As Dubai logs into Expo 2020, it has something to show the world with pride: an industrial scale, solar-powered green hydrogen facility, the first-of-its kind in the Middle East and North African region.
This unique facility that reaffirms United Arab Emirates’ (UAE) commitment to produce clean energy is a collaborative product between Dubai Electricity and Water Authority (DEWA) and Siemens Energy.
Saeed Mohammed Al Tayer, DEWA MD and CEO, believes that green hydrogen production will take the same trend as solar power, wind power and batteries. “This is because we have a strong R&D centre,” he affirms.
Green hydrogen, usually produced by water electrolysis, is environment-friendly, and Al Tayer says it is one of the pillars of a sustainable future that accelerates the transition to carbon neutrality.
In other words, it means green hydrogen can be successfully incorporated to aid green mobility leading to immense reduction in carbon emissions from large-scale industries responsible for release of bulk amounts of carbon.
But what one needs to consider is the fact that green hydrogen is still in nascent stages and the technology is still evolving. The segment faces two key challenges revolving around cost and safety aspects.
For instance, clean energy produced by green hydrogen currently costs about $ 3 to $ 6.5 per kilogram and it has to cut costs to compete with the hydrogen produced by fossil fuels (costing less than $ 1 per kilogram).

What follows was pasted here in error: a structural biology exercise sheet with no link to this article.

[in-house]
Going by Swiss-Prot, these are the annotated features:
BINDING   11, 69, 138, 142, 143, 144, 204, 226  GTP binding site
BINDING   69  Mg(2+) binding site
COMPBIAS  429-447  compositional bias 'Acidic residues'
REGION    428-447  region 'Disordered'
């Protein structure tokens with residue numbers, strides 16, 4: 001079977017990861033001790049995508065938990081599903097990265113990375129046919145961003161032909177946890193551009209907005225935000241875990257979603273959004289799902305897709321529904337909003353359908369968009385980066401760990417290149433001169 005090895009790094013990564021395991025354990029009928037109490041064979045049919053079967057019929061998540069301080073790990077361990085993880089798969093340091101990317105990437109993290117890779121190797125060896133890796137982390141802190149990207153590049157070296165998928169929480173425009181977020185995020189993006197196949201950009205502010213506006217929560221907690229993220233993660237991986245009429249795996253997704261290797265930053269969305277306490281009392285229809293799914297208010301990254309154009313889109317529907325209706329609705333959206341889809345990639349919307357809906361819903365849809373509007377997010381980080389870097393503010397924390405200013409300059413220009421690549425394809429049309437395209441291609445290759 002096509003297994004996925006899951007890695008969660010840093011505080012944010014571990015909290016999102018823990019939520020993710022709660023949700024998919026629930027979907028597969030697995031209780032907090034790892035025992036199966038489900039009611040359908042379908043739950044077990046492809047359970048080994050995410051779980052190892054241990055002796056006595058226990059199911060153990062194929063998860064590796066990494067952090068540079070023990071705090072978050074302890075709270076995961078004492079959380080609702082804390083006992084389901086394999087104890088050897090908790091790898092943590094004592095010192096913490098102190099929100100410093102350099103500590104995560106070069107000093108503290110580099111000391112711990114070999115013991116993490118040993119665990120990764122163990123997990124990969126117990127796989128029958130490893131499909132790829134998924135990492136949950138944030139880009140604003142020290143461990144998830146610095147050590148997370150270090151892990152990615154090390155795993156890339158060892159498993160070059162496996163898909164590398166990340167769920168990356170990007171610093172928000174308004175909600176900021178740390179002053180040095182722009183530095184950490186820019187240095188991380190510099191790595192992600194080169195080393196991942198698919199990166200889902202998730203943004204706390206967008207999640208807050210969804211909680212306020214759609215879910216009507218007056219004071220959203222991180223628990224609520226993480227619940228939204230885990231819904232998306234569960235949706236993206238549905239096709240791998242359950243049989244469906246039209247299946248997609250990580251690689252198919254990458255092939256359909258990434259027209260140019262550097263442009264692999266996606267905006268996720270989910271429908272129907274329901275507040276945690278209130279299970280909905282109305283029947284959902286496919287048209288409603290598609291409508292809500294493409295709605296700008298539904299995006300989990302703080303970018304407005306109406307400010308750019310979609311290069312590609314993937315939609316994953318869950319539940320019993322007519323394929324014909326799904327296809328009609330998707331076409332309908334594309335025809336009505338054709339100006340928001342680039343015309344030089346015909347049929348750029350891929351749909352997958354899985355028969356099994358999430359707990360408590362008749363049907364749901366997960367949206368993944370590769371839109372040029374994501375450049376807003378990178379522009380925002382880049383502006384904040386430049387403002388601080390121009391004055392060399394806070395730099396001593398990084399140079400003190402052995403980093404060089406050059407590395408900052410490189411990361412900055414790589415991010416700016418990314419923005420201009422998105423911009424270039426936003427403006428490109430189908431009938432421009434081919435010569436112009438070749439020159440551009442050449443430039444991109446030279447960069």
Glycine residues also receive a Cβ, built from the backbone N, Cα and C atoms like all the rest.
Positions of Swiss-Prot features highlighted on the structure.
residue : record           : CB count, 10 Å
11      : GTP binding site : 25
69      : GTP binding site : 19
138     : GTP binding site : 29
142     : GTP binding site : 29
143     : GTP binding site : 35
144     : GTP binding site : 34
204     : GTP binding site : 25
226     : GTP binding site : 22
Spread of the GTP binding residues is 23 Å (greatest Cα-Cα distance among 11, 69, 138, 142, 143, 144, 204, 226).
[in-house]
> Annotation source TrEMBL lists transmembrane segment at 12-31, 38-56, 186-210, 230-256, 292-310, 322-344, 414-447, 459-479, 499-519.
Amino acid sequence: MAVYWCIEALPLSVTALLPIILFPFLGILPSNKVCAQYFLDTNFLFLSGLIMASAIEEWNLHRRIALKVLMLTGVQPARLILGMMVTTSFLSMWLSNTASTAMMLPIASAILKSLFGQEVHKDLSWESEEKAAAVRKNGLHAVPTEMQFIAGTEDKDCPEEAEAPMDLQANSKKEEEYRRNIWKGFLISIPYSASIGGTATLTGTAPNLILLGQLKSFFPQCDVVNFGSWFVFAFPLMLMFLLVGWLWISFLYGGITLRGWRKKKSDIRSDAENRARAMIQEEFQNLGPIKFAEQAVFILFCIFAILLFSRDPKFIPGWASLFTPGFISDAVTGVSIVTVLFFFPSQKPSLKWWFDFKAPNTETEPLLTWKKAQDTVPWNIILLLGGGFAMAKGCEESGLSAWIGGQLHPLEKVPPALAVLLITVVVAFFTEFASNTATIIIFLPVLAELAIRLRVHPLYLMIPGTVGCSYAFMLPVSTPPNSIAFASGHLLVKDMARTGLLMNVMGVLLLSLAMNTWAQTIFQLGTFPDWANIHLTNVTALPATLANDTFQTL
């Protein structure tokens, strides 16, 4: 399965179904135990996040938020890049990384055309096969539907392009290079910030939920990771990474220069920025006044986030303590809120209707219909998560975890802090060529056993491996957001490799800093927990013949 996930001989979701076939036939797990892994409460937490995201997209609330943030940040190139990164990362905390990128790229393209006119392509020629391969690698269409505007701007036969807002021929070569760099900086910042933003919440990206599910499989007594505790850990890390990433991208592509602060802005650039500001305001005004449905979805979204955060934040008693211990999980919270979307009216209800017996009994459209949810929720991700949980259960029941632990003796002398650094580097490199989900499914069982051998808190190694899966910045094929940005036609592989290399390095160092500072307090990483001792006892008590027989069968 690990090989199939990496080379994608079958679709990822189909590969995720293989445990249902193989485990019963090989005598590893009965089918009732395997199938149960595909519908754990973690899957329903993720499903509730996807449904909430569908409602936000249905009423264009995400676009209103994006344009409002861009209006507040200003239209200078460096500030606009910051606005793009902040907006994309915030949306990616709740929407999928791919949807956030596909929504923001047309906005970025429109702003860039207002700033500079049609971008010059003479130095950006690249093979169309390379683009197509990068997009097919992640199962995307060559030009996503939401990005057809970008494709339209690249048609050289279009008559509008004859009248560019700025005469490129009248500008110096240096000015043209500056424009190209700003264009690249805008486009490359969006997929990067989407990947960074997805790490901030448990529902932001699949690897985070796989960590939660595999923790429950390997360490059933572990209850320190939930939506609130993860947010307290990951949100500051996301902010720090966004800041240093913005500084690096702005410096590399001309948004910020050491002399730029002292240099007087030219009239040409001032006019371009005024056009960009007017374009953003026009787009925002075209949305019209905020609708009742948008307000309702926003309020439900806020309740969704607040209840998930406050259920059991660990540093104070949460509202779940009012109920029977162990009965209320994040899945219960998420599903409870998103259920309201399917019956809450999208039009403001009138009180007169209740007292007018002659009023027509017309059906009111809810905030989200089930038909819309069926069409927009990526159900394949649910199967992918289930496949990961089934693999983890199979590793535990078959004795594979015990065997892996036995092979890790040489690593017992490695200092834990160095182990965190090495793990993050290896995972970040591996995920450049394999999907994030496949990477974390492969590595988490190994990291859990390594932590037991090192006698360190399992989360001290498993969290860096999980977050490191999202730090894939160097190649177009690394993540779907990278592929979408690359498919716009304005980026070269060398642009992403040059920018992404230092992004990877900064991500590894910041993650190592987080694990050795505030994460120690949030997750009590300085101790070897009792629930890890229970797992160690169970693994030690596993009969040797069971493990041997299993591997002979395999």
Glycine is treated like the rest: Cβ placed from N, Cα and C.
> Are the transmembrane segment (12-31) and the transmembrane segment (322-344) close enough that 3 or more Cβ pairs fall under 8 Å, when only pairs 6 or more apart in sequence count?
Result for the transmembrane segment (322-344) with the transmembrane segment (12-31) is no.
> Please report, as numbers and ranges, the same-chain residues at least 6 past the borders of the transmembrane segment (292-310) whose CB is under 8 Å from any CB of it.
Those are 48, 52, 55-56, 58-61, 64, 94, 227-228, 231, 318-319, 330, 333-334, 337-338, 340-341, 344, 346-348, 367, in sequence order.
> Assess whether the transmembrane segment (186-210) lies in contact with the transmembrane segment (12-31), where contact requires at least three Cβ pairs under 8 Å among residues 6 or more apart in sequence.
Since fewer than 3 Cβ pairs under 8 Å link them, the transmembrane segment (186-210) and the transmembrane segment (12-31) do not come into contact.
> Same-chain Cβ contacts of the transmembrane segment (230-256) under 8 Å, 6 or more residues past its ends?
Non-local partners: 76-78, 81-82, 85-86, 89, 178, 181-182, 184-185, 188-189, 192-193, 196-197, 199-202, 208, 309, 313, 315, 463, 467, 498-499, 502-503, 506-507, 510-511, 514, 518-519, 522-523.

Al Tayer opines that increased interest in clean energy is bound to change the global energy landscape in the next decade citing the recent launch of as many as 320 pilot projects to produce green hydrogen in different parts of the world.
A recent Frost & Sullivan report too shares Al Tayer’s sentiments; it says green hydrogen production will increase by 57% annually by 2030 and touch 5.7 million tons from the current 40,000 tons.
That explains why UAE is eager to invest in and tap this new source of clean energy and take an early global leadership role thus spearheading the de-carbonisation process across various vital industries.
“This initiative supports Dubai Clean Energy Strategy 2050 that aims to provide 75% of Dubai’s total power capacity from clean energy sources. It is also an effort to diversify our energy sources,” adds Al Tayer.
The strategy, when implemented, will open up local markets to hydrogen vehicles, boosting the demand for an environmentally-friendly transporting system since it envisages the use and licensing of vehicles powered by hydrogen fuel.
Green hydrogen can even outshine battery-powered electric vehicle segment in the future, says Mohammed Fayaz, CEO and Director of Moopens Energy Solutions Pvt Ltd, a major player in India’s solar and EPC landscape.
“Availability of lithium batteries depends on geo-political conditions. But green hydrogen does not have that limitation. Wherever you have water, you can produce green hydrogen,” Fayaz says.
Hydrogen being flammable, Fayaz however adds that there are safety concerns. But emerging technologies, he says, would address this issue in the very near future.
That justifies the UAE’s Green Hydrogen Project and the revolutionary initiative taken by DEWA to create a sustainable and brighter future for the generations to come. That way Expo 2020 seems to be the engine of the future!
Disclaimer: This article is a part of featured content series on Business in Dubai